If you haven’t noticed, every four years our country loses any connection with reality and all our sources of communication are filled with outright falsehoods, extreme exaggerations or downright stupidity over election issues. Whether you are a Republican or a Democrat makes no difference – the mania virus is all consuming. Unfortunately here in Wisconsin we have suffered longer than the rest of the country what with the Madison protests and the recall election, but that hasn’t necessarily put a damper on local current irrational ravings.
A good example is a letter writer in the Milwaukee Journal Sentinel who states that his vote is dependent on which party promises that their Congressional delegation will forgo their federal employee medical insurance plan coverages and " accepts their new Medicare plan as their sole coverage." Of course, Medicare coverage is by law only authorized for senior citizens 65 and older, which would eliminate most of Congress, but that doesn’t seem to have clicked with the writer. He obviously suffers from election year mania listening to all the conflicting political views of how to rescue Medicare from bankruptcy.
Then there is our senatorial candidate Tammy Baldwin, who proudly trumpets in a TV ad that she has introduced legislation in the US Congress to require all millionaires to pay the same income tax rate as the rest of us. The basic question is, what is the income tax rate for the rest of us. Since about half of us do not pay any income taxes at all, that is zero percent. The other half is overwhelmingly made up of the middle class so that half probably averages a 14 percent tax rate. Therefore the combination of the two halves averages out about 7%. Is this the income tax rate Tammy Baldwin wants millionaires to pay? I would assume that when she defines millionaires she really means those who earn over a million dollars annually, not those who earn considerably less, but by hard work and a saving mentality have accumulated a million dollars in assets. In any case, I am confident that those who earn over a million would do hand springs if their income tax rate were limited to 7% by her legislation.
While we are on the subject, why is Tammy Baldwin obsessing over Tommy Thompson’s income tax returns, insisting they must be disclosed? Of course, she is just mouthing the party line regarding the same issue with Mitt Romney and his returns. When we file our federal income tax returns with the IRS we are assured of their confidentiality. We all know the IRS reviews returns up, down and sideways to insure correctness. Getting crosswise with the IRS is not a pleasant ordeal. We can all assume, therefore, that individual filers such as Tommy Thompson and Mitt Romney have met all the requirements of the laws of the land. Why then do they have to release their tax files? Obviously because opponents hope that something of an embarrassing nature might be revealed. Why not put the pressure on for candidates to release all their medical records? Certainly the status of their health is vital in their ability to serve. In 1944 we learned, after the fact, that President Roosevelt was a dying man when running for his fourth term. Don’t you think the electorate should have been aware of his medical condition, as being far more important than his income tax return?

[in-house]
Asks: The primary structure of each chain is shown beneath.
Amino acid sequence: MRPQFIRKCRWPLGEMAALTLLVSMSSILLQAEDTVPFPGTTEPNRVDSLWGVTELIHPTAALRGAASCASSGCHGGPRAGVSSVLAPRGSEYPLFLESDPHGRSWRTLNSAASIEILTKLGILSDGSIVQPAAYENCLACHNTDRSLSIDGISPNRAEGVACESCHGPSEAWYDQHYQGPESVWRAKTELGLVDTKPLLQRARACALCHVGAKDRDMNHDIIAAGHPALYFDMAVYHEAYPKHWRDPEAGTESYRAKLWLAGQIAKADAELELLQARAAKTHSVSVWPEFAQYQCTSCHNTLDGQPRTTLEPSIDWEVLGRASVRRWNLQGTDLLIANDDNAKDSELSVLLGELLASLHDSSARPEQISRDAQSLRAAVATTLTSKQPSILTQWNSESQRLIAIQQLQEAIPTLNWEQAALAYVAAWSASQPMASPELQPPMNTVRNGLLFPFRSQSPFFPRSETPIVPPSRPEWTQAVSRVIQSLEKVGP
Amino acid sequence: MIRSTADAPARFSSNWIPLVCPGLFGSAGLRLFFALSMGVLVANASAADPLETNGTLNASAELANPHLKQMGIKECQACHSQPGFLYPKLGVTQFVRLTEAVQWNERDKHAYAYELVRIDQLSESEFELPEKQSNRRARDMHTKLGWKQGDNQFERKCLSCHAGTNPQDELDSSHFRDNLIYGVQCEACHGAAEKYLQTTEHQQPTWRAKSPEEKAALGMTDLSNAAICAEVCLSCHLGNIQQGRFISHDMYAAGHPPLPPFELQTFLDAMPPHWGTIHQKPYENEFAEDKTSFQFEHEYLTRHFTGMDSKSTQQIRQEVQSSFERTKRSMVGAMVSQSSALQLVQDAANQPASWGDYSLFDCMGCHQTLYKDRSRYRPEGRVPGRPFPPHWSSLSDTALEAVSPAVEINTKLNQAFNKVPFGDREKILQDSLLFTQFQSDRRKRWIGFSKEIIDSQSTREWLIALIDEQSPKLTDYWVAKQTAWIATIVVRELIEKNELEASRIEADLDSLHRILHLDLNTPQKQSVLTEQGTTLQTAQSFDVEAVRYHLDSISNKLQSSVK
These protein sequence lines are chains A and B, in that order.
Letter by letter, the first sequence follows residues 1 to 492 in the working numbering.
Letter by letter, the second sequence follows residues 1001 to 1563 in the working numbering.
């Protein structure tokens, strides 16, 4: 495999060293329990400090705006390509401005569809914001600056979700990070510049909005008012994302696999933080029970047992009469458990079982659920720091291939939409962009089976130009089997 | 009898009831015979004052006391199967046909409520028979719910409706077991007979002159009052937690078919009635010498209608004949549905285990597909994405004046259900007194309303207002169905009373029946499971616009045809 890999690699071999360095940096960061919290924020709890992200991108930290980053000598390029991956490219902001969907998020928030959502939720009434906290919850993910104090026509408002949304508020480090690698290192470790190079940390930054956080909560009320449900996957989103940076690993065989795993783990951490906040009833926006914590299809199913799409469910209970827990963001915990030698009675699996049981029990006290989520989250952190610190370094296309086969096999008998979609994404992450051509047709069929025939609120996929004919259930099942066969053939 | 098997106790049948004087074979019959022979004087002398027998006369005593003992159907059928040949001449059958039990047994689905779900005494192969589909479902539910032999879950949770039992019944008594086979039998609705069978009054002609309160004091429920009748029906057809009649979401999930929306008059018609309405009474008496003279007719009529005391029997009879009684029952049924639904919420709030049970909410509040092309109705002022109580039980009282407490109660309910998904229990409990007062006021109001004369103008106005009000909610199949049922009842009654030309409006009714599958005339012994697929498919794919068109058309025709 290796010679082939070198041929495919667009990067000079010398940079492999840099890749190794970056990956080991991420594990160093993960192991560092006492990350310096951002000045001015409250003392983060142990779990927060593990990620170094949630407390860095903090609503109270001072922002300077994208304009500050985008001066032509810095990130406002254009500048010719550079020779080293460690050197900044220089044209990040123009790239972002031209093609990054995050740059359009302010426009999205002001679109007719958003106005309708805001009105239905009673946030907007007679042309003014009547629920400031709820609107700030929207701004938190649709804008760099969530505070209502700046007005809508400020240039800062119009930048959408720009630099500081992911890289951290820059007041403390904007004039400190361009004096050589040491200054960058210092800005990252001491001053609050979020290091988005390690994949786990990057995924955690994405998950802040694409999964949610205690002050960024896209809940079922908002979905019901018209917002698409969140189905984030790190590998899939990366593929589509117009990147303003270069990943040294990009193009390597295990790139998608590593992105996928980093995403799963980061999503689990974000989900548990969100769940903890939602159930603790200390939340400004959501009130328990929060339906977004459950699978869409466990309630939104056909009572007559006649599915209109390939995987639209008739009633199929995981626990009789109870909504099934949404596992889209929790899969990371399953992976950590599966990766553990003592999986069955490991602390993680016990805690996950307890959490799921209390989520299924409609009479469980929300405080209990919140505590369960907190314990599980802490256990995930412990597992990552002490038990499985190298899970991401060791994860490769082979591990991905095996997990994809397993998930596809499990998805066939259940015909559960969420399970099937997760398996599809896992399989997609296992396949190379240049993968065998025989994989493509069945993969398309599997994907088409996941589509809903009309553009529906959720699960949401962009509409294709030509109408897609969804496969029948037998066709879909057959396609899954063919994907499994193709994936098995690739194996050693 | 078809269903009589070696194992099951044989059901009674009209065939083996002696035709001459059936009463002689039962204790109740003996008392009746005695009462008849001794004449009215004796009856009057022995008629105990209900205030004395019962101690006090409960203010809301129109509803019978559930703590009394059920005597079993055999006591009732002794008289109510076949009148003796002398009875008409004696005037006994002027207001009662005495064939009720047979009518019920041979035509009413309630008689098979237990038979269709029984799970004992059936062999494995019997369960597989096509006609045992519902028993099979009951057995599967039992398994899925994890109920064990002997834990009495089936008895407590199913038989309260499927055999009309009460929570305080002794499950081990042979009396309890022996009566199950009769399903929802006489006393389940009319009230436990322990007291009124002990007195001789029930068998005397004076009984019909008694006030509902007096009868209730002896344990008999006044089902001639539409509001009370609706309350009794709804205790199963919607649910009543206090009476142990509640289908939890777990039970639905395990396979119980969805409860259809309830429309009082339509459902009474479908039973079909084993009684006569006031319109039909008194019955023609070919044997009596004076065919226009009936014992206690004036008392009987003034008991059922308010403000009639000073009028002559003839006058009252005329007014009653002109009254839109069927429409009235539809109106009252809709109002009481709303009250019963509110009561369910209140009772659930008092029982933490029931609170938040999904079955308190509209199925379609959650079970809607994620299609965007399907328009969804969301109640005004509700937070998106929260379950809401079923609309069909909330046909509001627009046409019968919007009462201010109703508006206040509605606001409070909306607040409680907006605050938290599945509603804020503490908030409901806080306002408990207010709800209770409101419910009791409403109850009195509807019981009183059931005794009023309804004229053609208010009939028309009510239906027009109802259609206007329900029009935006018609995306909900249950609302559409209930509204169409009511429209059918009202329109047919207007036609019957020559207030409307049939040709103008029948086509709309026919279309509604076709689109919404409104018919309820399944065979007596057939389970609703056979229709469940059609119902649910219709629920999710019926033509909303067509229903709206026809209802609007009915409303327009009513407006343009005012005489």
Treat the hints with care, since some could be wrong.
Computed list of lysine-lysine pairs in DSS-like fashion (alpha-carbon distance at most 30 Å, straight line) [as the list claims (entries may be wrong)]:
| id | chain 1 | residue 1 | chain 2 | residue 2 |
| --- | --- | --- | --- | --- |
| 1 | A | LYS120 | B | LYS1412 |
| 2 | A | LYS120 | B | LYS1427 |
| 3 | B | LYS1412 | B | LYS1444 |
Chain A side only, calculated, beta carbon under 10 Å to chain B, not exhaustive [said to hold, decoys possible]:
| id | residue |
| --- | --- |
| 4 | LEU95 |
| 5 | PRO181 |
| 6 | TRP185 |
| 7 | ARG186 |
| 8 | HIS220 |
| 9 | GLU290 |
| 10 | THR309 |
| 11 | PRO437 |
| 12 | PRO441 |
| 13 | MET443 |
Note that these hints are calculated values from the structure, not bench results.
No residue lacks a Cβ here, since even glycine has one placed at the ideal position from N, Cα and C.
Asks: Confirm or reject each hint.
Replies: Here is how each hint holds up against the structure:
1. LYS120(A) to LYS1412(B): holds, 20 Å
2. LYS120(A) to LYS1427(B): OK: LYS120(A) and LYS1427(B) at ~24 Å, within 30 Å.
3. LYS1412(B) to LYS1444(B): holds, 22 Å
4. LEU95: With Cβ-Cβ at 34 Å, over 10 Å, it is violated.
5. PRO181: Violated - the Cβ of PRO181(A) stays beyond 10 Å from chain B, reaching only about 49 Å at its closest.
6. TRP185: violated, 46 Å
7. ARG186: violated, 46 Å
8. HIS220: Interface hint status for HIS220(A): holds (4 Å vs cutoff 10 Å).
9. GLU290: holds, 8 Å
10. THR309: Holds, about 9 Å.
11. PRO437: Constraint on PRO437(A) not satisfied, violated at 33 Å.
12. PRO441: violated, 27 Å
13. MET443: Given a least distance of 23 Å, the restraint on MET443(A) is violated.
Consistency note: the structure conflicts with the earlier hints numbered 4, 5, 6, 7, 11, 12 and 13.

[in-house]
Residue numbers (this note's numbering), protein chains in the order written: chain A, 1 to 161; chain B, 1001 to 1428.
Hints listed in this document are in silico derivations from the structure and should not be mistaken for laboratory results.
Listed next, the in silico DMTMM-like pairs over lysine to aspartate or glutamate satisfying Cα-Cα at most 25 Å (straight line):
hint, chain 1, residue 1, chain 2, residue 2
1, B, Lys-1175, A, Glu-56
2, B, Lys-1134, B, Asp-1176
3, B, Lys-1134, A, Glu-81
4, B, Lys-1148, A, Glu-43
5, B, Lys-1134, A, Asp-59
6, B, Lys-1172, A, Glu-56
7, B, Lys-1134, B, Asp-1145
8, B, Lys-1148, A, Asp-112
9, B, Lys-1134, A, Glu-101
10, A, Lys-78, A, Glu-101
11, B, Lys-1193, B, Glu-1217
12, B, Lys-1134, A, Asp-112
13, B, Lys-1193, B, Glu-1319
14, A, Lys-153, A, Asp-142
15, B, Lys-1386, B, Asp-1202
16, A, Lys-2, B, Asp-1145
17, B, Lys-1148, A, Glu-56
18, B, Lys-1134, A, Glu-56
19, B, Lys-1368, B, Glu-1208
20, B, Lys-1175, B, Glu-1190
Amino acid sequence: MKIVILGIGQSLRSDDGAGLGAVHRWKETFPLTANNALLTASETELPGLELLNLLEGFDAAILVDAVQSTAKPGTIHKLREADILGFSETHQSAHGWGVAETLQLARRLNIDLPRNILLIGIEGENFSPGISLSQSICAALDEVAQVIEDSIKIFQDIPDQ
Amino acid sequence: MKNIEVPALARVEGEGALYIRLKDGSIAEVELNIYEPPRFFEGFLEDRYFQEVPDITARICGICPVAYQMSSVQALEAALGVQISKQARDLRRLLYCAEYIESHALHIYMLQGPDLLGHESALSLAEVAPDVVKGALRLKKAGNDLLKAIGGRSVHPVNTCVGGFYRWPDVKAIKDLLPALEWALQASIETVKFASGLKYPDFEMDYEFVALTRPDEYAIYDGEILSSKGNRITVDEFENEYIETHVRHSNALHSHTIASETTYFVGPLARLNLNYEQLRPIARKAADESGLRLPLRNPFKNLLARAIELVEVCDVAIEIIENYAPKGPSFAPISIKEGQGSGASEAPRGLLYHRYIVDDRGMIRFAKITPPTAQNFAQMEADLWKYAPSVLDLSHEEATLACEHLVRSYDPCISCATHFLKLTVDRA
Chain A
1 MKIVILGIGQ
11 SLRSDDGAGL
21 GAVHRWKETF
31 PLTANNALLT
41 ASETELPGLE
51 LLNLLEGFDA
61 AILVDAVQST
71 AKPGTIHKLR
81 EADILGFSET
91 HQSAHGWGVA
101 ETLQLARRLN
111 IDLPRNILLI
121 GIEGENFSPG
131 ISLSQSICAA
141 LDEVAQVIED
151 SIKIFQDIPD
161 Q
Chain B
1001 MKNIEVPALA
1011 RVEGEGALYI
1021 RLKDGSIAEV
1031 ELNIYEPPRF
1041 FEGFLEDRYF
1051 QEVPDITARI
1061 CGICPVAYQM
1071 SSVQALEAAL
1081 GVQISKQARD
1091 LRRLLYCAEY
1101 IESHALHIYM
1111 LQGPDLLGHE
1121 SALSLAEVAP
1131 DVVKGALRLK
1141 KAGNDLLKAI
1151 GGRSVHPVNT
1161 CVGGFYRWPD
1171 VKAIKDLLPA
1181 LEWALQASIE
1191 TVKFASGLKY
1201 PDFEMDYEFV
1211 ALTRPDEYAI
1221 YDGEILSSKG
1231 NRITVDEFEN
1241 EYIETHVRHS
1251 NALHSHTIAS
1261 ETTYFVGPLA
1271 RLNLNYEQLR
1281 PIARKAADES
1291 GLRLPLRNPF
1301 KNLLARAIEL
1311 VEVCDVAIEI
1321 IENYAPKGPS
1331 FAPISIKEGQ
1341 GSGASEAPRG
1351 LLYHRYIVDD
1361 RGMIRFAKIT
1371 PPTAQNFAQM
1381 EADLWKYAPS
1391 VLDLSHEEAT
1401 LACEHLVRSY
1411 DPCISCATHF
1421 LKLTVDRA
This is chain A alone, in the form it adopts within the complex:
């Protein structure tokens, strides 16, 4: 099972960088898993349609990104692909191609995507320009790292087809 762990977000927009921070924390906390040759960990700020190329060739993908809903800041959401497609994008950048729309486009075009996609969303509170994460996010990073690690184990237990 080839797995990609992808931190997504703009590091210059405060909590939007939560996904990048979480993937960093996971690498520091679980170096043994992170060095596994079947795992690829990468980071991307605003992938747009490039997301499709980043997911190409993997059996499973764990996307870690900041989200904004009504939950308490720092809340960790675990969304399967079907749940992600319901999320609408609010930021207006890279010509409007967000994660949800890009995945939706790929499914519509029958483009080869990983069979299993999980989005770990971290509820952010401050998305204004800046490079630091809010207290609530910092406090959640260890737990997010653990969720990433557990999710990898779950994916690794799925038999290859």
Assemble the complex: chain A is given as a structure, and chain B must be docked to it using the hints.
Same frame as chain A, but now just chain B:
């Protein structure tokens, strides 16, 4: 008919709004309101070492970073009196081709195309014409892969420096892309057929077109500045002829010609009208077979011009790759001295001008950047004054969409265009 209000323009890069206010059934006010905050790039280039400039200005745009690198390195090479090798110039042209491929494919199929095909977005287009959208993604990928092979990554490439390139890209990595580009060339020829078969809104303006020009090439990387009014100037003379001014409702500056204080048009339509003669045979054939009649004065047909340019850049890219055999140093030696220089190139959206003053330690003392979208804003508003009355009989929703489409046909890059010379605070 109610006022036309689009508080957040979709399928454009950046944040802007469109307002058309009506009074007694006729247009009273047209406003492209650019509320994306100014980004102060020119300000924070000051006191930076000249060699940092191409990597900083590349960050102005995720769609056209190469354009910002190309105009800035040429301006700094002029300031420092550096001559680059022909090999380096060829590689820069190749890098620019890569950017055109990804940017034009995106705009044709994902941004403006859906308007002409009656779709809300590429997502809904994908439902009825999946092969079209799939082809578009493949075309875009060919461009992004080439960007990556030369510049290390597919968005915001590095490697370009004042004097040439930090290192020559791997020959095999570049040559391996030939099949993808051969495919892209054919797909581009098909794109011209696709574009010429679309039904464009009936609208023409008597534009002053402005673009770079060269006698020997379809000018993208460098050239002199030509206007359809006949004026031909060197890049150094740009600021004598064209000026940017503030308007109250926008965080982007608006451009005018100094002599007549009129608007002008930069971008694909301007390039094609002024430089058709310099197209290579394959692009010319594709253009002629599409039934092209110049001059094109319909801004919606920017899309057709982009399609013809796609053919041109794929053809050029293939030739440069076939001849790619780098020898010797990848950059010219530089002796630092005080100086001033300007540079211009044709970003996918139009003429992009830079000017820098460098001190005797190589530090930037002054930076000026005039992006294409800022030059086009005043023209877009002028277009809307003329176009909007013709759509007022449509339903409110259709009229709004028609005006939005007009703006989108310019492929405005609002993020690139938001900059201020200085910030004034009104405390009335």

Another recent letter in the Journal Sentinel, authored by an individual who labeled herself as a former teacher of the year, claimed that Republican Vice-Presidential candidate Paul Ryan’s position is the elimination of Social Security. I couldn’t find anything anywhere to confirm that statement and classified it as a falsehood, but it did raise a question for me. The question is, do the editors of the Journal Sentinel (or any other media outlet) have any obligation to edit the letters they publish to eliminate what they know to be out-and-out falsehoods? Does freedom of speech (which does not permit falsely yelling fire in a crowded place) still knowingly allow publishing falsehoods in a public media outlet? Apparently it does, because editors constantly ignore that truism: "You are entitled to your own opinion but not your own facts."
Speaking of Paul Ryan, it was interesting to read a Journal Sentinel report on his background, headlined, "Gaps in Ryan’s resume." When I read the article it occurred to me that gaps in Ryan’s resume compared to President Obama’s gaps in his resume in 2008 was like comparing the width of an alleyway to the Grand Canyon. I wondered, where was the Journal Sentinel in 2008? Is this example of media liberal bias? You can decide.
Don’t think that this mania is limited to those that lean left. Just recently, I received an Email with a photo, that had gone through lots of Internet addresses, alleging that Michelle Obama embarrassed America by appearing at the London Olympics dressed in African clothing. Of course it was nonsense, as the picture was taken during her visit to South Africa not the Olympics. A check of Google showed pictures of her dressed appropriately at the London Olympics including a red, white and blue outfit.
With the election heating up, we can expect Election Year Mania to increase and hit its peak in October. My advice, which I received from my Dad years ago, is appropriate for this time frame – "Believe nothing that you hear (written or spoken) and only half of what you see."